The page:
For a while it seems like this is the end of Edgar and Helena’s relationship. But this being a romance, circumstances force them back together. By this time, Edgar has gotten tangled up in a commitment to the aforementioned Miss Grainger, so he wants to help that young lady find a way to be reunited with her beau. He invites Miss Grainger and her parents, as well as her young man, to the Christmas party he and Helena, Helena’s aunt, Cora, Francis, and several of their friends will be attending at his father’s home.

Christmas miracles only happen to other people, Helena believes. She does not think the heartache in her past can be outdistanced, and the more Edgar, who is falling for her, tries to convince her that happiness is possible for them, the more she resists the Christmas spirit. Her refusal to allow herself happiness leads Edgar to begin digging in her past.

Will Edgar discover the root causes of Helena’s cynicism? Will he reunite Miss Fanny Grainger and her suitor, Mr. Jack Sperling? Will he present his father with a Christmas Bride? Will Edgar’s father find happiness? And what about Helena? Will she allow a holiday miracle to take place in her life?

There’s a lot to like in A Christmas Bride. I’ve quoted from Helena’s introduction and I can’t resist quoting some of her “Bah, humbug!” moments as well. Here are her thoughts about the Christmas house party:

There was such an air of eager anticipation in the house and of domestic contentment. One would have thought that in such a sizable house party there would be some quarreling and bickering, some jealousies or simple dislikes. There were virtually none, apart from a few minor squabbles among the children.

It was just too good to be true. It was cloying

And here is Helena talking about the nativity story:

The stable at Bethlehem must have been drafty and uncomfortable and smelly and downright humiliating. How dare we make beatific images of it. It was nasty. That was the whole point of it.

This portrayal works because beneath her wonderful grouchiness and verbal ripostes are underlying loneliness and melancholy. I also got the feeling that when George Carlin said “Scratch any cynic and you will find a disappointed idealist,” he was talking about Helena. With her character, Balogh gets across the toll that being isolated from the rest of humanity takes.

Sunita: Yes, I agree. It’s clear that Helena is a very unhappy woman, even though she has managed to create a stable, even pleasant everyday life. She presents a strong, assured façade to the world, but through her internal monologues and especially through her interactions with Edgar we see what is behind that façade.

Janine: The one criticism I have with Helena’s character has to do with the painful events in her past. These were weighty, and I therefore wanted to have a better understanding of her state of mind at the time these events took place. My reading experience could have benefited from a better grasp of the younger Helena’s motives.

Then there’s Edgar. He’s not as unusual a character as Helena, but he’s a good match for her — just strong enough that she can’t easily walk all over him, but tender and caring once he gets to know her.

Sunita: I thought Edgar was a terrific match for her. He’s an unusual Balogh hero (has she had any other rich merchant heroes?). He’s not gentry or nobility, but he’s very comfortable in his own skin and he is self-confident to the point of arrogance.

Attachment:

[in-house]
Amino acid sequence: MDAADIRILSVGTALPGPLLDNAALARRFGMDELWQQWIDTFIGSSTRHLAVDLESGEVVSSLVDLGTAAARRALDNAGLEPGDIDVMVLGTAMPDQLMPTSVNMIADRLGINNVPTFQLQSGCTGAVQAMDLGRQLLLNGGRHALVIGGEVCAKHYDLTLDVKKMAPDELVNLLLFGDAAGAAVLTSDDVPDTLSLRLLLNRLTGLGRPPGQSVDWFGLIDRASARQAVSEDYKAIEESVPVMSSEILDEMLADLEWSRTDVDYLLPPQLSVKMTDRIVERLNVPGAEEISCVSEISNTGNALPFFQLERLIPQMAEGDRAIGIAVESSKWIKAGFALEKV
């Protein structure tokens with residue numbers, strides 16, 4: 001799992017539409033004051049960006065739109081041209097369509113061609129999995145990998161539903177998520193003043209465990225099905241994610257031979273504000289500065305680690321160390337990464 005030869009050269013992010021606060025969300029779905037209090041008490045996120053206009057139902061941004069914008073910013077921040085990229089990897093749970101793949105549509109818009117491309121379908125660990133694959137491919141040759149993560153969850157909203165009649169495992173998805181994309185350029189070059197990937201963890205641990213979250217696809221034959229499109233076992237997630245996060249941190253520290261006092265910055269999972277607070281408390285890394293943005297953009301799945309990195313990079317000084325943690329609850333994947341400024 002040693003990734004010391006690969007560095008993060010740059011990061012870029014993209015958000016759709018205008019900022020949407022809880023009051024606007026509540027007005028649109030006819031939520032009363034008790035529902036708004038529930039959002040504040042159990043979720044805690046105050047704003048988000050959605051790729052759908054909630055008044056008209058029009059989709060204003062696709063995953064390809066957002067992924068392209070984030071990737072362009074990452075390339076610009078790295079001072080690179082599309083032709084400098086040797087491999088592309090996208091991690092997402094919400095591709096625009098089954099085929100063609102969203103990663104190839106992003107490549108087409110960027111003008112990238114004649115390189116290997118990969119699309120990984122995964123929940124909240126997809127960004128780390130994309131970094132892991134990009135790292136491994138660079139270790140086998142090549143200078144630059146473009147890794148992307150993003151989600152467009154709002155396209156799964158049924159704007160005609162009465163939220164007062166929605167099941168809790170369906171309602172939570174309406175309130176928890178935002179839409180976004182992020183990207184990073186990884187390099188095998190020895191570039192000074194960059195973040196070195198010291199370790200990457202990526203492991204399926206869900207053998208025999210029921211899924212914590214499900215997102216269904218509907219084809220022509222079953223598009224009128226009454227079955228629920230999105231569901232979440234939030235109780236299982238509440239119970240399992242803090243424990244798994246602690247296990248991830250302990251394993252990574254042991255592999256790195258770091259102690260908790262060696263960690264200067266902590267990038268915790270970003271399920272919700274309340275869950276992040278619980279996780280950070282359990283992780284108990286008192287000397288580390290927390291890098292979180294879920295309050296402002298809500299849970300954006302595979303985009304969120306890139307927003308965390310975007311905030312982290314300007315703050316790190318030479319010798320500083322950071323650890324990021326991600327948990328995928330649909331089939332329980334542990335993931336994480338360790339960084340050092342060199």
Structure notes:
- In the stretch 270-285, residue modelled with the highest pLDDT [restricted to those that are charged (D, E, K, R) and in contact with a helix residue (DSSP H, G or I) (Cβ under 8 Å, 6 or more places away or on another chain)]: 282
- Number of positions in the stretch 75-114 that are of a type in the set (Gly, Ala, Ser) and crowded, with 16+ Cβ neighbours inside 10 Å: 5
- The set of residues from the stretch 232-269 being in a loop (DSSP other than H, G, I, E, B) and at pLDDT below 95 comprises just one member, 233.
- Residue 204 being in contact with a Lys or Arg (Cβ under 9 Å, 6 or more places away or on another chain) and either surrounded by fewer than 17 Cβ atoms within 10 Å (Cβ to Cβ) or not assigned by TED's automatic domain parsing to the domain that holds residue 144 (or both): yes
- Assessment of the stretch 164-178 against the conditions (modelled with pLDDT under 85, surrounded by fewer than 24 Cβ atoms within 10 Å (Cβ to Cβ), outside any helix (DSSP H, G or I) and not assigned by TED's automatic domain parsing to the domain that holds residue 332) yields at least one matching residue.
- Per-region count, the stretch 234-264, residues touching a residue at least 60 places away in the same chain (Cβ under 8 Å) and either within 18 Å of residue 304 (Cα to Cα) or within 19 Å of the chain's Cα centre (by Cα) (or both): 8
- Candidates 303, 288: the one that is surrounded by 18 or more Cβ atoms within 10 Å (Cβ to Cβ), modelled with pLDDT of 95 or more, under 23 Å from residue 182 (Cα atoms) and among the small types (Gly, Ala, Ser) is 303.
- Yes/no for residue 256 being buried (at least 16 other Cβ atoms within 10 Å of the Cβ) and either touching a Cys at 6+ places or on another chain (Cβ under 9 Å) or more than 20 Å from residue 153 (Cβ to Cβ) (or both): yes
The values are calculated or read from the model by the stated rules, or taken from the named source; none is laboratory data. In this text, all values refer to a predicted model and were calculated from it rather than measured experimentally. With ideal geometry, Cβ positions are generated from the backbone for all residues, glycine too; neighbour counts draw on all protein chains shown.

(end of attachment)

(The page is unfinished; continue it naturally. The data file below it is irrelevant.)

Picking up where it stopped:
Janine: True, and that’s a good thing here because he needs every bit of that self-confidence as he comes up against Helena’s belief that there is no getting over her past.

Sunita: He’s also sensitive enough to think about who Helena is as a person and take seriously her desires and fears.

Janine: I loved that about him.

The class difference between Edgar and Helena doesn’t come to play as strongly in this novel as in some other Balogh novels like A Christmas Promise or The Famous Heroine. It’s not a true conflict here, but it lends a nice shading to Edgar’s character in giving him additional dimension.

I found the struggle for supremacy in the bedroom between Edgar and Helena interesting, and I really liked the way it was resolved.

However, I have to add that there was a sex negative vibe in some places which took away some of my enjoyment. This centered around Helena’s lie to Edgar that she had used a lot of men for sex and never slept with the same guy more than once. I would have loved for this lie to be true, and for Edgar to not care, but while he loved Helena anyway, her made-up sexual experience did bother him a bit.

I expect that from 1990s books, and his reaction was human enough that I could go with it, but what I didn’t like was that his rationale that Helena’s “promiscuity” was a sign of self-loathing. I’ll grant he had reasons to think that, but the implication that the same qualities that are good for the goose are a form of self-flagellation in his female counterpart didn’t work so for me.

Sunita: I see your points, but his attitude seems pretty understandable for the period, especially for someone raised in the middle class. There’s a spectrum between demanding a virgin wife (even when you’re not going to be a virgin husband) and unproblematically accepting your future wife’s active sexual past, and I thought Edgar fell within that spectrum. And given Helena’s actual sexual history, the self-loathing explanation is pretty compelling to me.

Janine: Yes, I agree he fell within the spectrum. My issue here wasn’t so much with Edgar, but more with the author. I felt there was an implication that a double standard should apply.